Published online 6 April 2011 | Nature | doi:10.1038/news.2011.208
Updated online: 6 April 2011

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Martin Rees takes Templeton Prize

Controversial 'spirituality' award goes to a scientist for fourth year in a row.

Martin ReesMartin Rees' research into galaxy formation and black holes addresses the 'big questions' with which the Templeton Prize is concerned.Andy Fallon / Templeton Prize

The annual Templeton Prize has again been won by a high-profile scientist, resurrecting a debate over the prize foundation's role at the interface between science and religion.

Martin Rees, an astrophysicist at the University of Cambridge, UK, and former head of the Royal Society in London, today received the 2011 prize, worth £1 million (US$1.62 million), which rewards "a living person who has made an exceptional contribution to affirming life's spiritual dimension". The award is administered by the Templeton Foundation in West Conshohocken, Pennsylvania, which also funds research into science, philosophy and theology.

The prize and the foundation have both attracted attacks from high-profile atheist scientists, who accuse them of attempting to insert religion needlessly into science. Rees says that he has no problem with accepting the prize, and he refuses to be drawn on the controversy, saying, "I have no comment on the views other people have."

He told Nature that much of his knowledge of the prize is based on a Nature article analysing the foundation and its role in these debates (see Faith in science). "On the basis of that I would have thought such concerns were exaggerated," adds Rees, who says that he has no religious beliefs, but sometimes attends Church of England services.

However, Rees was surprised to be offered the award "since it wasn't clear to me that I did have the entry ticket", he says.

The Foundation cites Rees's work in galaxy formation, black holes and γ-ray bursts as addressing the types of problem that the prize is concerned with.

"The 'big questions' Lord Rees raises — such as 'How large is physical reality?' — are reshaping the philosophical and theological considerations that strike at the core of life, fostering the spiritual progress that the Templeton Prize seeks to recognise," says a statement from the foundation.

John Templeton, who set up the Templeton Foundation, specified that the award should always be worth more money than the Nobel prizes, which currently stand at 10 million Swedish kronor (US$1.57 million) each. Rees says that he has not yet decided what to do with the prize money.

From preachers to physicists

The Templeton Prize was first awarded in 1973, and in its early years went almost exclusively to devoutly religious figures such as poverty campaigner Mother Teresa of Calcutta and US evangelical preacher Billy Graham. For the past decade, however, scientists have dominated the winner's list.

Awardees have included Paul Davies, a physicist and astrobiologist, in 1995, and Freeman Dyson, a physicist who unified three versions of quantum electrodynamics, in 2000. Rees cites Dyson as the winner "for whom I feel the greatest admiration and affinity".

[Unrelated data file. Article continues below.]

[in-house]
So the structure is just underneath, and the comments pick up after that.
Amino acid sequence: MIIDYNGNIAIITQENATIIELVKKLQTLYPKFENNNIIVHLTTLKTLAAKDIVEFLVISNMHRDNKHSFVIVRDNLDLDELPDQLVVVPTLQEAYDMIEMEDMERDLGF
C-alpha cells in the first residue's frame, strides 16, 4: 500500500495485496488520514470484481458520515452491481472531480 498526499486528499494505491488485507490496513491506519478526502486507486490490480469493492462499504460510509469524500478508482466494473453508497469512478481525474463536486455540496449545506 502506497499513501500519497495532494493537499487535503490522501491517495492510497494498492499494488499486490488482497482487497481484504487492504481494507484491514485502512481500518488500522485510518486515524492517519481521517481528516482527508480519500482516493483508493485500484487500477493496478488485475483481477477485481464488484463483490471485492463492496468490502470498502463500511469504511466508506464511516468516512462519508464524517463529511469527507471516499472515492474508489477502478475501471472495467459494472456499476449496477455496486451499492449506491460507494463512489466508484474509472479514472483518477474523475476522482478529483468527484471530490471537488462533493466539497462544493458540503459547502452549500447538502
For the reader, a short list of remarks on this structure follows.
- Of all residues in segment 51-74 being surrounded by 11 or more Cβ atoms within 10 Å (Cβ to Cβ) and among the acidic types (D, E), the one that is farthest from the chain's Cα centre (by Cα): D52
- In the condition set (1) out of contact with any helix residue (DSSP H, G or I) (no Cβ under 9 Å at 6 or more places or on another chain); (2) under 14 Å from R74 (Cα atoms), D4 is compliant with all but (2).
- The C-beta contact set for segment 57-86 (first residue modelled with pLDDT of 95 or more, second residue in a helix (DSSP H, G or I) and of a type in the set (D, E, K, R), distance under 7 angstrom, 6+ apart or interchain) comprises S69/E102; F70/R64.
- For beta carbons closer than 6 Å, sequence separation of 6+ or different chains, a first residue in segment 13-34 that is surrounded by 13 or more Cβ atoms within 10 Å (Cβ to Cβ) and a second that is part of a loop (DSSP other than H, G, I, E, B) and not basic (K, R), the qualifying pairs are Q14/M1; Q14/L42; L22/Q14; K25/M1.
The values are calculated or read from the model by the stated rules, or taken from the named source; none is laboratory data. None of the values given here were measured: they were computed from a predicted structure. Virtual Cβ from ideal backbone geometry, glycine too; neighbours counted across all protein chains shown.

The increasing number of scientists among the Templeton laureates has led to allegations that the foundation is attempting to buy respectability and insert religion or spirituality into the scientific arena. Richard Dawkins, an evolutionary biologist and one of the most high-profile scientists in the aggressively pro-science, anti-religion 'new atheist' movement, once called Rees a "compliant Quisling" for accepting Templeton sponsorship of a lecture series when he was head of the Royal Society.

Others take a more nuanced approach. Lawrence Krauss, a physicist at Arizona State University in Tempe and another critic of the prize, says, "Martin is a wonderful man and a great scientist."

But he adds, "The Templeton Foundation has tried to raise its profile by giving the prize to well known scientists. The bottom line is it probably does much more honour to the prize than it does to Martin."

Sean Carroll, a physicist at the California Institute of Technology in Pasadena, is concerned that the prize "gives people on the outside the idea that science and religion are coming together and reaching towards a combined spiritual reality".

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Others reject such criticism. Denis Alexander, director of the Faraday Institute for Science and Religion at the University of Cambridge, UK, welcomed Rees's award and said that although "people who want to keep a very sharp demarcation" between science and religion are highly vocal, they are few in number.

"The media tend to thrive on conflict so these loud voices in favour of a polarized debate tend to get heard quite often," he says.

Carroll agrees that Templeton Prize controversy has now become something of an annual event. "It's a publicity machine and it works very well. Every year I get a phone call like this," he says. 

Updated:

Clarification: The Templeton lecture series at the Royal Society began under Rees' predecessor as president, Robert May. Rees was involved in selecting the final two of six speakers.

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  • #62255

    Religious claims should be treated exactly the same as any other claim. Thus, the onus is on them to support their claim, otherwise, it is insane to believe the claim. I for one, am not anti-religion, I'm anti-insanity. It just so happens that all religions are insane.

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